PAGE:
Christmas gifts

You’re allowed to give employees gifts (but not cash) up to the value of £50 per year. Seasonal gifts such as a turkey, an ordinary bottle of wine or a box of chocolates are deemed acceptable and will generally be treated as trivial benefits, and will be ignored by HMRC.

A turkey in a hamper, or less-ordinary wines may not be considered trivial and would need to be declared. This is often where the confusion begins: what about a brace of pheasants or a nut roast for vegetarians? Where is the dividing line between fine wine and ordinary wine?

How trivial is trivial?

The problem is that there is no actual definition of what HMRC means by ‘trivial’ and according its own guidance to staff (EIM21863) tax inspectors are asked to use their own judgment.

The HMRC guidance provides other examples of possible seasonal gifts, including the ultimate gift for the employee who has everything: seasonal flu immunisations.

But be warned. The flu jab is only treated as trivial if it is the routine seasonal flu jab, and does not apply to jabs against pandemic flu or other diseases.

Christmas bonuses

The tax treatment of the bonus depends on a number of factors. These include:

  • whether you give cash bonuses or goods (gifts) to an employee
  • if you give goods to an employee, whether or not they can be resold for cash
  • whether the employee is a director and how much they earn. Examples of goods that cannot be resold for cash include anything with your logo on it and very little else.
  • All other Christmas bonuses have to be reported.
  • The simplest form of Christmas bonus is to give someone who earns less than £8,500 a year goods that cannot be resold for cash. These are exempt and don’t have to be reported to HMRC.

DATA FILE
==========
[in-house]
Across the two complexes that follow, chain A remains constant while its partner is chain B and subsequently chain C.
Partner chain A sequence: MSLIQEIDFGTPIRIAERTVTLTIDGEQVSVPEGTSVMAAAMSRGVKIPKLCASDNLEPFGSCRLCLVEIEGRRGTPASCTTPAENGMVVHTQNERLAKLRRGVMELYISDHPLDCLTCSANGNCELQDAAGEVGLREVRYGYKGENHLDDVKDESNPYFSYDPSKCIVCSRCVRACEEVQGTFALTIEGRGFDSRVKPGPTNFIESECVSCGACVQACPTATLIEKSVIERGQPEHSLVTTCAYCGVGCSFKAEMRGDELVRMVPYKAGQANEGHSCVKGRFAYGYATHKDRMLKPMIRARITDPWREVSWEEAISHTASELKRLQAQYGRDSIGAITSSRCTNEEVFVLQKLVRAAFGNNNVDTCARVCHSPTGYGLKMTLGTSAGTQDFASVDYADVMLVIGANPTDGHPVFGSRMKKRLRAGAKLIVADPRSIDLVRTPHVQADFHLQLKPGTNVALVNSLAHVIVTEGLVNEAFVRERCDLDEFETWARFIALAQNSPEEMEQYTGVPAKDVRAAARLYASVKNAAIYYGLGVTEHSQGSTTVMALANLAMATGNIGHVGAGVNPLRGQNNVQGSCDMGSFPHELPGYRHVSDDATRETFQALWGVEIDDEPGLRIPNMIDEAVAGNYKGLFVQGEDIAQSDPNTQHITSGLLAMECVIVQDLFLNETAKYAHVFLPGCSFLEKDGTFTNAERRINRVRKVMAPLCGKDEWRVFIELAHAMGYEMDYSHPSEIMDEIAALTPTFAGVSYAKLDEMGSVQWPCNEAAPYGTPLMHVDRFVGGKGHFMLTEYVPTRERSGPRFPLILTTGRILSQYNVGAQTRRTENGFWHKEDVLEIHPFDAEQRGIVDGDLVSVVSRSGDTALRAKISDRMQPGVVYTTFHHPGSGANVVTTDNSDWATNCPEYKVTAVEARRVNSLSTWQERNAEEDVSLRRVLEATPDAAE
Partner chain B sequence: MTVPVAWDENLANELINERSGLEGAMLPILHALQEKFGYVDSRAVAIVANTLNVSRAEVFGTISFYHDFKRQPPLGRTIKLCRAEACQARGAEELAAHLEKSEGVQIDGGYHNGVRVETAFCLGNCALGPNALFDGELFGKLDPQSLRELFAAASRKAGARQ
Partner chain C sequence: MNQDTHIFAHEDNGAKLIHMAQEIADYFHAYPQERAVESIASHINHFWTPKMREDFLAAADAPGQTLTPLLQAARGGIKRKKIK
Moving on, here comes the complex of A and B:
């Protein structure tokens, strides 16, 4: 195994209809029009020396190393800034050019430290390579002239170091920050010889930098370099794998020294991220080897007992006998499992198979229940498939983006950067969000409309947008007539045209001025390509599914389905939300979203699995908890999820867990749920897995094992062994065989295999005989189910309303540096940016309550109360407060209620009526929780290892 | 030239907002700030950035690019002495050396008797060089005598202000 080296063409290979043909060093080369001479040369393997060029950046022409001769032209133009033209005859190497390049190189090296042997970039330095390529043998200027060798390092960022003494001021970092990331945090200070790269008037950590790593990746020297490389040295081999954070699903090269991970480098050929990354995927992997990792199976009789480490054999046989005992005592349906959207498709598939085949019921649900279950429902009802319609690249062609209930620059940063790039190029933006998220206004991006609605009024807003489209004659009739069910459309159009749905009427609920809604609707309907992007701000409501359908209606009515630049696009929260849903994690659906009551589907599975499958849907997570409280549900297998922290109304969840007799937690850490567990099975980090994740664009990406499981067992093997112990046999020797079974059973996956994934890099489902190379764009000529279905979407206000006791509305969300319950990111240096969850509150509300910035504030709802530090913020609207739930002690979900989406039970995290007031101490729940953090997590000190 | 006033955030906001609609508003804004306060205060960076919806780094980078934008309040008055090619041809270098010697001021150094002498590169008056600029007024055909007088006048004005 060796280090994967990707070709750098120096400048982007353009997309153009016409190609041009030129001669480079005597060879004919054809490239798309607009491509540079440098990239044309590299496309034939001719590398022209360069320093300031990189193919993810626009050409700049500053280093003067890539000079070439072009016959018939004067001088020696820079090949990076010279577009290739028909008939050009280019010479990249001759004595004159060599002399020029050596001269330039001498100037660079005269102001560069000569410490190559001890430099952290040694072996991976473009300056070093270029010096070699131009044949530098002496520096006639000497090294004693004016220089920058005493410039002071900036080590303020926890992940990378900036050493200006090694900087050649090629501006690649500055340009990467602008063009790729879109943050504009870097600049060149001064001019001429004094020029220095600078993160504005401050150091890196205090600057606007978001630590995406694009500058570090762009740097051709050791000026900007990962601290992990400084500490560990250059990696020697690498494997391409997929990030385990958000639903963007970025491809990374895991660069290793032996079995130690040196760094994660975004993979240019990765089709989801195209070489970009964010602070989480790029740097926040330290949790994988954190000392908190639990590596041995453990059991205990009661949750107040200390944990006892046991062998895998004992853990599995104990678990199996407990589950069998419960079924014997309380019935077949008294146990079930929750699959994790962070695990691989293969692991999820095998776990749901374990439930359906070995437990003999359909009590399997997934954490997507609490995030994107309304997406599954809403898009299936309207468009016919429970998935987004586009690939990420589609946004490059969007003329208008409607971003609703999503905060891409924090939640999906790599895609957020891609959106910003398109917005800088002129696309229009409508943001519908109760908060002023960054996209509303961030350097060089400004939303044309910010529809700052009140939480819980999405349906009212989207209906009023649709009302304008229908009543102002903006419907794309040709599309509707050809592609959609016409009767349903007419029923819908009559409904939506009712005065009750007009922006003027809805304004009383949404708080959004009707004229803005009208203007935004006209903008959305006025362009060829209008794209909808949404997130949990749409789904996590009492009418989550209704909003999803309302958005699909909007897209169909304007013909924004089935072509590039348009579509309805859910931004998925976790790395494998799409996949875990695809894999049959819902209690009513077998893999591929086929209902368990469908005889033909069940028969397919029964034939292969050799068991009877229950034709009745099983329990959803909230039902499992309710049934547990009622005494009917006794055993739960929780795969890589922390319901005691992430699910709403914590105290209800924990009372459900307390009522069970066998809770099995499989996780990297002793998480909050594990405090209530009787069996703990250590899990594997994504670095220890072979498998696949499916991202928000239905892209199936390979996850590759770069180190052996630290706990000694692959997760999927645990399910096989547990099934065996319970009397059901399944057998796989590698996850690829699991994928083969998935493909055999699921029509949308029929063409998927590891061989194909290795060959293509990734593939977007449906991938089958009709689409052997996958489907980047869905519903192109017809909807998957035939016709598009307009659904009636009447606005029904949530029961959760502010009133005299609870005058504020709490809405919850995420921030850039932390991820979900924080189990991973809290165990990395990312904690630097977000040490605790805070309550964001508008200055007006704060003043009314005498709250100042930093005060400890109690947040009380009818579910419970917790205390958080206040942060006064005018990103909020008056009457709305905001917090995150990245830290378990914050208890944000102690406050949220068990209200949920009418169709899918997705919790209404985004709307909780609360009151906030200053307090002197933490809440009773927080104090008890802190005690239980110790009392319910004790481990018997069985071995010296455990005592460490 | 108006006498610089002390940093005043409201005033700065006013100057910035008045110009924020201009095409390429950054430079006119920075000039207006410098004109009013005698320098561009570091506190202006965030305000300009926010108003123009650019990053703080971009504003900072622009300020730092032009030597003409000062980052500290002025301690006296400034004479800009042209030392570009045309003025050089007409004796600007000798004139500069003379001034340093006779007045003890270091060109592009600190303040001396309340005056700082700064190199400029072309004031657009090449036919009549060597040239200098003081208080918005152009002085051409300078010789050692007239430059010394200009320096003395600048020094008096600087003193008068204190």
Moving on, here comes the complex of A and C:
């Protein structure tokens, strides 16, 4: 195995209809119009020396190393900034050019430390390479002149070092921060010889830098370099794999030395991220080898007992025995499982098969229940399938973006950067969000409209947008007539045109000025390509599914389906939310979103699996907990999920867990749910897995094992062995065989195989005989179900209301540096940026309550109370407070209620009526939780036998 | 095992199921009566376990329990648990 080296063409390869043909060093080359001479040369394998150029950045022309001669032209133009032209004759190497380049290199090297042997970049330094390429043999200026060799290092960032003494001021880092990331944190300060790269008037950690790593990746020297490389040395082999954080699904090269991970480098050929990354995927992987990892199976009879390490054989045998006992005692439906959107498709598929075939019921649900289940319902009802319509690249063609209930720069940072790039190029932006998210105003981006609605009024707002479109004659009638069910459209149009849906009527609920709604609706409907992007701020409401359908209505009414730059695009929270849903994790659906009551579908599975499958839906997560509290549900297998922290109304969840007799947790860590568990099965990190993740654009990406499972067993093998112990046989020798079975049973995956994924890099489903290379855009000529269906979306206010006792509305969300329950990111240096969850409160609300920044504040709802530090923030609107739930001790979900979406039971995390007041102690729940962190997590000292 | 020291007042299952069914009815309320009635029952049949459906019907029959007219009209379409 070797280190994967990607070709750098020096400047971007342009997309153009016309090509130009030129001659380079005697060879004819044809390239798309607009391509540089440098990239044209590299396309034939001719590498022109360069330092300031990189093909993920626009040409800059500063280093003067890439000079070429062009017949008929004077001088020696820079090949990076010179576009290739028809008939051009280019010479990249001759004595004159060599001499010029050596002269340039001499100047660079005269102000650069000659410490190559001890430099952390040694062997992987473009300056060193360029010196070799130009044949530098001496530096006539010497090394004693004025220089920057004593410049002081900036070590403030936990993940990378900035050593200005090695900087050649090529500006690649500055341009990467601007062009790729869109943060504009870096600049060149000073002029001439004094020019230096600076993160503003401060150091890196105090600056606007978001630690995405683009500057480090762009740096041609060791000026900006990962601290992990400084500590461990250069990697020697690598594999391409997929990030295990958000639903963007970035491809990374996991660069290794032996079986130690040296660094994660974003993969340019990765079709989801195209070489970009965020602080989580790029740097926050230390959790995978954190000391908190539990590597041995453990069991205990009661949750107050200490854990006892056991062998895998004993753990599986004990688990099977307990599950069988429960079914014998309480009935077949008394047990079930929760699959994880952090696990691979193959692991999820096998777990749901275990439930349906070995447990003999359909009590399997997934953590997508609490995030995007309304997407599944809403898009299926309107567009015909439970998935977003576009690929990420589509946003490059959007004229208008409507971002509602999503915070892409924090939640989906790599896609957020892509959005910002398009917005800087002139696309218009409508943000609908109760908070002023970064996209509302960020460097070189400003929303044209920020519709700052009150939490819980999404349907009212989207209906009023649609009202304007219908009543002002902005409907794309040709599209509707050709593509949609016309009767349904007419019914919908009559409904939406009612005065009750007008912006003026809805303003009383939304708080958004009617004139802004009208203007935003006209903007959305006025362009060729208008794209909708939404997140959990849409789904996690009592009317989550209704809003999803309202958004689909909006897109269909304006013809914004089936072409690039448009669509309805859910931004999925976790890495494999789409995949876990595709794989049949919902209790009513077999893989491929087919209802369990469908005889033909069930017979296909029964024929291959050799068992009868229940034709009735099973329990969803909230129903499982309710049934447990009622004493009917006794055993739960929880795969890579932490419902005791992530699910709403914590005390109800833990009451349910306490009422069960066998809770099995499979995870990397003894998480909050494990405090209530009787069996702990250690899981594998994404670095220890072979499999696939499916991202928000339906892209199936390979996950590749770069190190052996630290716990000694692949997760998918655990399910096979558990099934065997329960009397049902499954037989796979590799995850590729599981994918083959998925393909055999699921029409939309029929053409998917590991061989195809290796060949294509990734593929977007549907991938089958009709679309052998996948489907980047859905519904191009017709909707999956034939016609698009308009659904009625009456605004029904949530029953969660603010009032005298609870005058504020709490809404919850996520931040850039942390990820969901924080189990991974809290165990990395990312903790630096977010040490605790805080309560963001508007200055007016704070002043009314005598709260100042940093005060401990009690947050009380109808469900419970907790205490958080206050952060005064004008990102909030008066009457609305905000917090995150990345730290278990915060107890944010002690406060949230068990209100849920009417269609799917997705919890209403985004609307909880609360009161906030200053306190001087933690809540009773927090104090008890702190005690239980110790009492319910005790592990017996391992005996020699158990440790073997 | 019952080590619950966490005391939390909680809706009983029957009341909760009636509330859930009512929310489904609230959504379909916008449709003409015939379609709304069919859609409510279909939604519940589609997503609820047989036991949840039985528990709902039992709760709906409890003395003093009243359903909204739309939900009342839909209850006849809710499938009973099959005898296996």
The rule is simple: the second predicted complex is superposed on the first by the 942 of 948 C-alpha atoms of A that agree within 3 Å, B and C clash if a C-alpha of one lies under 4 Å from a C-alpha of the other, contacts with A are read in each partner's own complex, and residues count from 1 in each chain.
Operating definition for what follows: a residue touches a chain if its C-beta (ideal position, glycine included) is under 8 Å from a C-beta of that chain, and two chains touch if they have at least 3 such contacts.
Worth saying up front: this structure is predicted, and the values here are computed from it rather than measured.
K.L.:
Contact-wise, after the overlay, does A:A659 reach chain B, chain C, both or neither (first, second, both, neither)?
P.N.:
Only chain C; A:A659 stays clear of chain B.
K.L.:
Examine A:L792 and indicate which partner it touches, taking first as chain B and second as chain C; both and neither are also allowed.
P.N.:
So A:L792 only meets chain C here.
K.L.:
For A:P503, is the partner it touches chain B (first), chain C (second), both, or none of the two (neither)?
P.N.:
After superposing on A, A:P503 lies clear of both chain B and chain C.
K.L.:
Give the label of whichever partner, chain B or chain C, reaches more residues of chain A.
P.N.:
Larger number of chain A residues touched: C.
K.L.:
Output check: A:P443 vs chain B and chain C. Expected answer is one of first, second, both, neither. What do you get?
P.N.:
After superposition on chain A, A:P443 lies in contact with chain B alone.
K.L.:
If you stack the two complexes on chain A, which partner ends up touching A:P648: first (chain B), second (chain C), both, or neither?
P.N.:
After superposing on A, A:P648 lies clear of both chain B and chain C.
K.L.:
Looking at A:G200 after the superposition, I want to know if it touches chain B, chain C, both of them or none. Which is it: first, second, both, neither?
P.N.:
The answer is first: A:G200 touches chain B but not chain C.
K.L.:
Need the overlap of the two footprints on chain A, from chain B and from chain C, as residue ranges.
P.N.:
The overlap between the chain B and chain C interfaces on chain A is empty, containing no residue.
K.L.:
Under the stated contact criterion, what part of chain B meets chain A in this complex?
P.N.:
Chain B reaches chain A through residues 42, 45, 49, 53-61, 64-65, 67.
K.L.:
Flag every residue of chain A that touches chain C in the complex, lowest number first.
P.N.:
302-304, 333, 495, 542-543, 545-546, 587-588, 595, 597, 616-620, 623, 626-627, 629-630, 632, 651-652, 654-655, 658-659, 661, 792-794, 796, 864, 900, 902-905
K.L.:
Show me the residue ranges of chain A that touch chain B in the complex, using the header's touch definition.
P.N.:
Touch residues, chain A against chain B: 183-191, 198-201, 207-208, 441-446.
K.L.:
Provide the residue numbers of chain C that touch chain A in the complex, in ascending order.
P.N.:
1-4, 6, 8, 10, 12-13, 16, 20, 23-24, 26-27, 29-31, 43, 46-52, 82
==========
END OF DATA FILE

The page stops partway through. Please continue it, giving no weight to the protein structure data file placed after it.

Cash bonus

Any cash you give to employees as a Christmas bonus counts as earnings, so you’ll need to add the value to your employee’s other earnings deduct and pay PAYE tax and Class 1 NI through payroll.


If you give goods as Christmas gifts to employees, what you have to report and pay depends on:

  • whether or not they can be resold for cash
  • whether you give them to company directors or employees who earn more than £8,500 a year.
Expense Form What to pay
Goods with no resale value you give to employees earning £8,500 or more a year, unless these are counted as trivial benefits P11D Pay class 1A NI on the value of the benefit
Goods with no resale value you give to directors, unless these are counted as trivial benefits P11D Pay class 1A NI on the value of the benefit
Goods with cash resale value you give to employees earning less than £8,500 a year P9D Nothing
Goods with cash resale value you give to employees earning £8,500 or more a year P11D Pay class 1A NI on the value of the benefit
Goods with cash resale value you give to directors P11D Pay class 1A NI on the value of the benefit

The £8,500 threshold

At first glance it does appear to be on odd figure for a threshold, but the Office of Tax Simplification has provided an explanation.

When the benefits code was first introduced in 1948 a threshold, known as the “higher paid” employees threshold, was set at £2,000 of emoluments (including the value of the benefits). At this time the average earnings in the UK were £305 per annum, so the £2,000 level was 6.5 times the national average wage.

Since 1948 the threshold has been increased on three occasions to the current level of £8,500 set in 1979. If the £8,500 limit had increased in line with inflation it would have been £39,139 in May 2013.

In July 2015, it was announced that from 6 April 2016 the threshold will be abolished and all benefits will be taxable regardless of the employee’s total earnings.

Know your limits

With changing thresholds, lack of definition of trivial benefits, the tax treatment of directors, other employees and confusion about what is and isn’t a taxable benefit, it would be a good time to get in touch with us to find out more before the festivities start, rather than after the event.